Coming from a Nigerian family, it has been well pressed on me that an education is your passport to life. If any of you know any Nigerians, you’ll know that Nigerians LOVE to collect qualifications. The more the better!
My parents drummed it into my ears that I had to do well at school. And do well I did…I am very lucky to have benefitted from a fantastic education.
When I left university and stepped into the real world however, I was surprised to notice that it wasn’t always the most educated people who were the most well off. Being highly educated also didn’t mean that you’d be the most ‘intelligent’ or socially adept.
There are many different forms of intelligence, and in the big bad world, some of these – emotional intelligence for example – are actually more important and can get you further than just which university you went to. The formal education system, however, tends to focus on one type of intelligence, which is that of being able to successfully complete tests and exams. This can be very limiting for someone who has deeper skills in other areas.
I have met people who have just come out of prison who are highly intelligent and those with little formal education who are very good business people and make lots of money using their wits. Is a formal education overrated?
Admittedly I speak from the priviledged position of someone who has been well educated, and I’m not saying that people shouldn’t know how to read, write and have basic skills. However, above and beyond the necessary literacy skills is a formal education really that important? Is it the best way for people to learn and grow? Maybe young people could gain the necessary skills they need for real life in another way, or through a different type of ‘system’?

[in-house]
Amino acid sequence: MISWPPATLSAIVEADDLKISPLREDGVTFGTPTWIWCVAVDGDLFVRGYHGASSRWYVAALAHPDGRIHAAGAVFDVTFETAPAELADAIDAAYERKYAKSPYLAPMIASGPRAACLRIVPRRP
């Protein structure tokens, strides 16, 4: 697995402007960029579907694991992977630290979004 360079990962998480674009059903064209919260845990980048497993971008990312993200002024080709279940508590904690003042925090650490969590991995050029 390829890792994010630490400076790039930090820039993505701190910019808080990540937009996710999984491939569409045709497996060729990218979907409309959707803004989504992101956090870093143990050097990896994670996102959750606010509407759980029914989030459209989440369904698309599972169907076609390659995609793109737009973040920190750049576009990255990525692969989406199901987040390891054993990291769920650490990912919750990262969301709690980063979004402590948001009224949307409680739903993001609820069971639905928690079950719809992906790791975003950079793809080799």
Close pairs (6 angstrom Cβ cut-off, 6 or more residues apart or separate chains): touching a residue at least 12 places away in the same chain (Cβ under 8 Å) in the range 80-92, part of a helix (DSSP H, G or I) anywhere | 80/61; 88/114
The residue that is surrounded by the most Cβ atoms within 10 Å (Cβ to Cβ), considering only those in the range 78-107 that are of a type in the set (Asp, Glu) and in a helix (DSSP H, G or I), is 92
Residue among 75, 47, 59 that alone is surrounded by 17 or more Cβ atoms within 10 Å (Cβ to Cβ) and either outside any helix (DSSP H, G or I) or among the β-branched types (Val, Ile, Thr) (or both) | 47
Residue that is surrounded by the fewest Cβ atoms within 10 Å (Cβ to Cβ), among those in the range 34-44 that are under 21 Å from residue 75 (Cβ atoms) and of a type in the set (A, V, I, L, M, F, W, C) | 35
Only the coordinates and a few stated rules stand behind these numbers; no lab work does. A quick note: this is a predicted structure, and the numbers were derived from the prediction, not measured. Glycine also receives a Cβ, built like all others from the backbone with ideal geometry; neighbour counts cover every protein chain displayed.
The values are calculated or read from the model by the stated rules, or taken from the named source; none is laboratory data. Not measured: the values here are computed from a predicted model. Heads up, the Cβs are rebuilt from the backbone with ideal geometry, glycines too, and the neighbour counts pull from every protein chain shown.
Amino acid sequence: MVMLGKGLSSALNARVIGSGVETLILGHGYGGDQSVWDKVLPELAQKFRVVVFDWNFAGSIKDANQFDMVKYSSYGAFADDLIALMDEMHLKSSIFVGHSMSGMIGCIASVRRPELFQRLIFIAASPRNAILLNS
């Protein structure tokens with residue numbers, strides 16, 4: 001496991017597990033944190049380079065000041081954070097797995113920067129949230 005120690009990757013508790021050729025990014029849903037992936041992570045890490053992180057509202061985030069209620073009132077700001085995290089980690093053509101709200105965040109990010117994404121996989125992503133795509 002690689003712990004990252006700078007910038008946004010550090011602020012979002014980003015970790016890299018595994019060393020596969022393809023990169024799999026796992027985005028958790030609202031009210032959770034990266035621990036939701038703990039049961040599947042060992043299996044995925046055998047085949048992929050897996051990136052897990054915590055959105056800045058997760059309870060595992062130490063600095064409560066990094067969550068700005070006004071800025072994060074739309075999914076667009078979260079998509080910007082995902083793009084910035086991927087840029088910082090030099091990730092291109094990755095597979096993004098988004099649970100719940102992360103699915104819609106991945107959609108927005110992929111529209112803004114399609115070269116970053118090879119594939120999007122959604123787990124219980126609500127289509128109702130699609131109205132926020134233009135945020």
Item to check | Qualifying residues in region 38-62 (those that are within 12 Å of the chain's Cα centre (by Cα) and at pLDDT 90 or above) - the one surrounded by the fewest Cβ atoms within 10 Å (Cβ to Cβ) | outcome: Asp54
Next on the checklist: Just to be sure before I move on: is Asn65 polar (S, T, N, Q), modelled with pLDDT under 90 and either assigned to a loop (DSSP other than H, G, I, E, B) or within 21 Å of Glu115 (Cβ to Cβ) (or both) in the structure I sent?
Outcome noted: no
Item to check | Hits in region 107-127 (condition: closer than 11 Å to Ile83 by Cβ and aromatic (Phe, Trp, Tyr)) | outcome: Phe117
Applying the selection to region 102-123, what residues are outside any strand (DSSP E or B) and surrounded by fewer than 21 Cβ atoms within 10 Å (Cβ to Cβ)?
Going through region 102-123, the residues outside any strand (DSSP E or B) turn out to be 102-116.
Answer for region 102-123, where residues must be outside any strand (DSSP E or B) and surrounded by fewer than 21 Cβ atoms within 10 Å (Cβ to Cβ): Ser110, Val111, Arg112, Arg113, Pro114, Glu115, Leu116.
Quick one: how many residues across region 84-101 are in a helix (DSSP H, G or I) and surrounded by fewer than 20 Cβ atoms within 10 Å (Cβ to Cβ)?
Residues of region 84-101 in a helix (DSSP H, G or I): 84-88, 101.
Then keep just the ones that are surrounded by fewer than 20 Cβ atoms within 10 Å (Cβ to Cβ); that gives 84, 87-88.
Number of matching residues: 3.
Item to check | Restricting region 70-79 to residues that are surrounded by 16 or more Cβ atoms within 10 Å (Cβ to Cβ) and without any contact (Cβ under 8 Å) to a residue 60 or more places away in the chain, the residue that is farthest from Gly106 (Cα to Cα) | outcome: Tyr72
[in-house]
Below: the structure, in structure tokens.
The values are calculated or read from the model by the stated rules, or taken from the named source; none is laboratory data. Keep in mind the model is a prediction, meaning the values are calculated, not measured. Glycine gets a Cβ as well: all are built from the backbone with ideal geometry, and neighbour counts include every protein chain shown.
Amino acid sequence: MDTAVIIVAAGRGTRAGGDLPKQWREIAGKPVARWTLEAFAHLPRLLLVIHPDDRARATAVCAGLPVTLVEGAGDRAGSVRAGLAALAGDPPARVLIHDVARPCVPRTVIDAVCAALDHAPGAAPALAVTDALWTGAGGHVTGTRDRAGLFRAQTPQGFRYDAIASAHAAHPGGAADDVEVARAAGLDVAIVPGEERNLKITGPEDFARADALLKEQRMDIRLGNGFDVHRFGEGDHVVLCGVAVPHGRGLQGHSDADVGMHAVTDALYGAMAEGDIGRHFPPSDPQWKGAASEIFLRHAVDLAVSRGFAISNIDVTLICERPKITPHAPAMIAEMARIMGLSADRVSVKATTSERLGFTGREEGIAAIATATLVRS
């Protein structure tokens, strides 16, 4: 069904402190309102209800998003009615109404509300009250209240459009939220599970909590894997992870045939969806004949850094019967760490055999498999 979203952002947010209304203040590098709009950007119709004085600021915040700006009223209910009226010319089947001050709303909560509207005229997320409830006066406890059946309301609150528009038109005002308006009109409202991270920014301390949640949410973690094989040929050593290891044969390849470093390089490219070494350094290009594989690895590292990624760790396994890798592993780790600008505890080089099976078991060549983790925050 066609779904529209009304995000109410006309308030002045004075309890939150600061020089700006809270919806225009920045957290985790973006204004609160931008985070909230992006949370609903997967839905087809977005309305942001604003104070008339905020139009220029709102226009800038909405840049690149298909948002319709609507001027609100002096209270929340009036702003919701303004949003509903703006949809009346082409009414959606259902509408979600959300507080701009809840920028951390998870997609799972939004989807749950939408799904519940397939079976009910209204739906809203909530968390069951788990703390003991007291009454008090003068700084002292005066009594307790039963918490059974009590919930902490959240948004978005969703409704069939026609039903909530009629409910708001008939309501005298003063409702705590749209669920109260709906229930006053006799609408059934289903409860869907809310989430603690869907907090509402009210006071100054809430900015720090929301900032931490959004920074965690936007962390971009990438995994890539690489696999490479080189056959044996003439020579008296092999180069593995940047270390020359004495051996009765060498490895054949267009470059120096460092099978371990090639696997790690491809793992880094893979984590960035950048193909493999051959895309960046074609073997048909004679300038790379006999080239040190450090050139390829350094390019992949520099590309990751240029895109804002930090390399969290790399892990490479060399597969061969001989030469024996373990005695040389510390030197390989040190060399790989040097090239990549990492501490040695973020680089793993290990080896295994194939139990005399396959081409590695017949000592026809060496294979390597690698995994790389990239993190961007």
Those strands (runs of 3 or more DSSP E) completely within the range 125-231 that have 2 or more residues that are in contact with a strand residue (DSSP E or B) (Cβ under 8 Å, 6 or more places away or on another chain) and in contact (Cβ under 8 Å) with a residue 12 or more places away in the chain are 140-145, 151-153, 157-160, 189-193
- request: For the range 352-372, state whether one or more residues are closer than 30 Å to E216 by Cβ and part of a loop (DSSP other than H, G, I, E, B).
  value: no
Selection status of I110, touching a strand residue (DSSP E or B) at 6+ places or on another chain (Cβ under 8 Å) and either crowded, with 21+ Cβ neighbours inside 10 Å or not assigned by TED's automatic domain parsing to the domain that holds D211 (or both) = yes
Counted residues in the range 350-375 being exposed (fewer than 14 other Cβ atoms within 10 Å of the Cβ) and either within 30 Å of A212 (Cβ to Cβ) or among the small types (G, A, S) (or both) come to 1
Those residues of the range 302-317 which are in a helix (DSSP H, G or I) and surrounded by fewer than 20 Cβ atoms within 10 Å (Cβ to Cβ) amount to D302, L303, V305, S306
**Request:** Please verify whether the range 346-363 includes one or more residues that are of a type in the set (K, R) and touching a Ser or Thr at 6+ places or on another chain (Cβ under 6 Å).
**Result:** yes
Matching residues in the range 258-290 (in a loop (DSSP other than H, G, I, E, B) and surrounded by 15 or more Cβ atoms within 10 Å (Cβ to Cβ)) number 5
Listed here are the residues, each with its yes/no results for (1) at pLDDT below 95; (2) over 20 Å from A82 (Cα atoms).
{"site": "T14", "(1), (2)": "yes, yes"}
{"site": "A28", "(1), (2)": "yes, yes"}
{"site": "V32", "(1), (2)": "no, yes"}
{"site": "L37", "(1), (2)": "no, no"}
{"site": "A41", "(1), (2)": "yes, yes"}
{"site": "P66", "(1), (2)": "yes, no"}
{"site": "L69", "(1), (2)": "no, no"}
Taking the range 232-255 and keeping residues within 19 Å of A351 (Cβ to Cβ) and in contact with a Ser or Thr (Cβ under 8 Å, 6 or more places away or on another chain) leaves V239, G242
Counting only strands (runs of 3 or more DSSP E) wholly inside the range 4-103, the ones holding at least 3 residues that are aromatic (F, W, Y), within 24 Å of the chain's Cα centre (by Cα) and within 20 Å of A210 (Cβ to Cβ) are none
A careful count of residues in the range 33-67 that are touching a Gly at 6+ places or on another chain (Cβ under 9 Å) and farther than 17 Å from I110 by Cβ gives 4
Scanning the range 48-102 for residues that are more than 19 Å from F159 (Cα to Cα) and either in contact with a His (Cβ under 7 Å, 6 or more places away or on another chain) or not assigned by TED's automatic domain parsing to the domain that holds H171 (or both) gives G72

I ask these questions also because I have become increasingly sceptical about what the education system in its current form is designed to do. In many ways I feel that rather than encouraging people to be open minded, to be creative and to step into their greatness, many schools in fact do the total opposite.
They encourage conformity, adopting a one-size-fits-all approach that does not allow space for individual talents. Differences and uniqueness are suppressed whilst ticking boxes and fitting into a mould are welcomed. I feel that this is the reason why many talented young people, young Black men in particular, are falling by the wayside when it comes to schooling.
I sometimes wonder if the education system is designed to breed robots who will fill the society’s status quo and become part of the ‘rat race’, rather than becoming great leaders, visionaries and achievers – or just becoming more of who they are.
It is no surprise to me to hear that many very successful businessmen and entrepreneurs were not the top of their class, or did not finish school. Possibly finishing school may have suppressed those entrepreneurial urges, and they would have ended up working in an office…
I’m not saying that an education isn’t important. What I’m asking is what type of education is important, and what the real point of an education is beyond just passing tests. I’m also considering if there are alternatives to the current formal state education system that could generate better results…
I really love the Montessori school model and would be really interested in seeing how it might work in a secondary school setting. The Montessori method is one that promotes the individual child’s learning over and above that of the class as whole, so as to respect the individual’s own talents and needs. I love that as I believe that is what education should be about: learning rather than just teaching.
I’d be interested in hearing your thoughts on this too…. so please feel free to comment!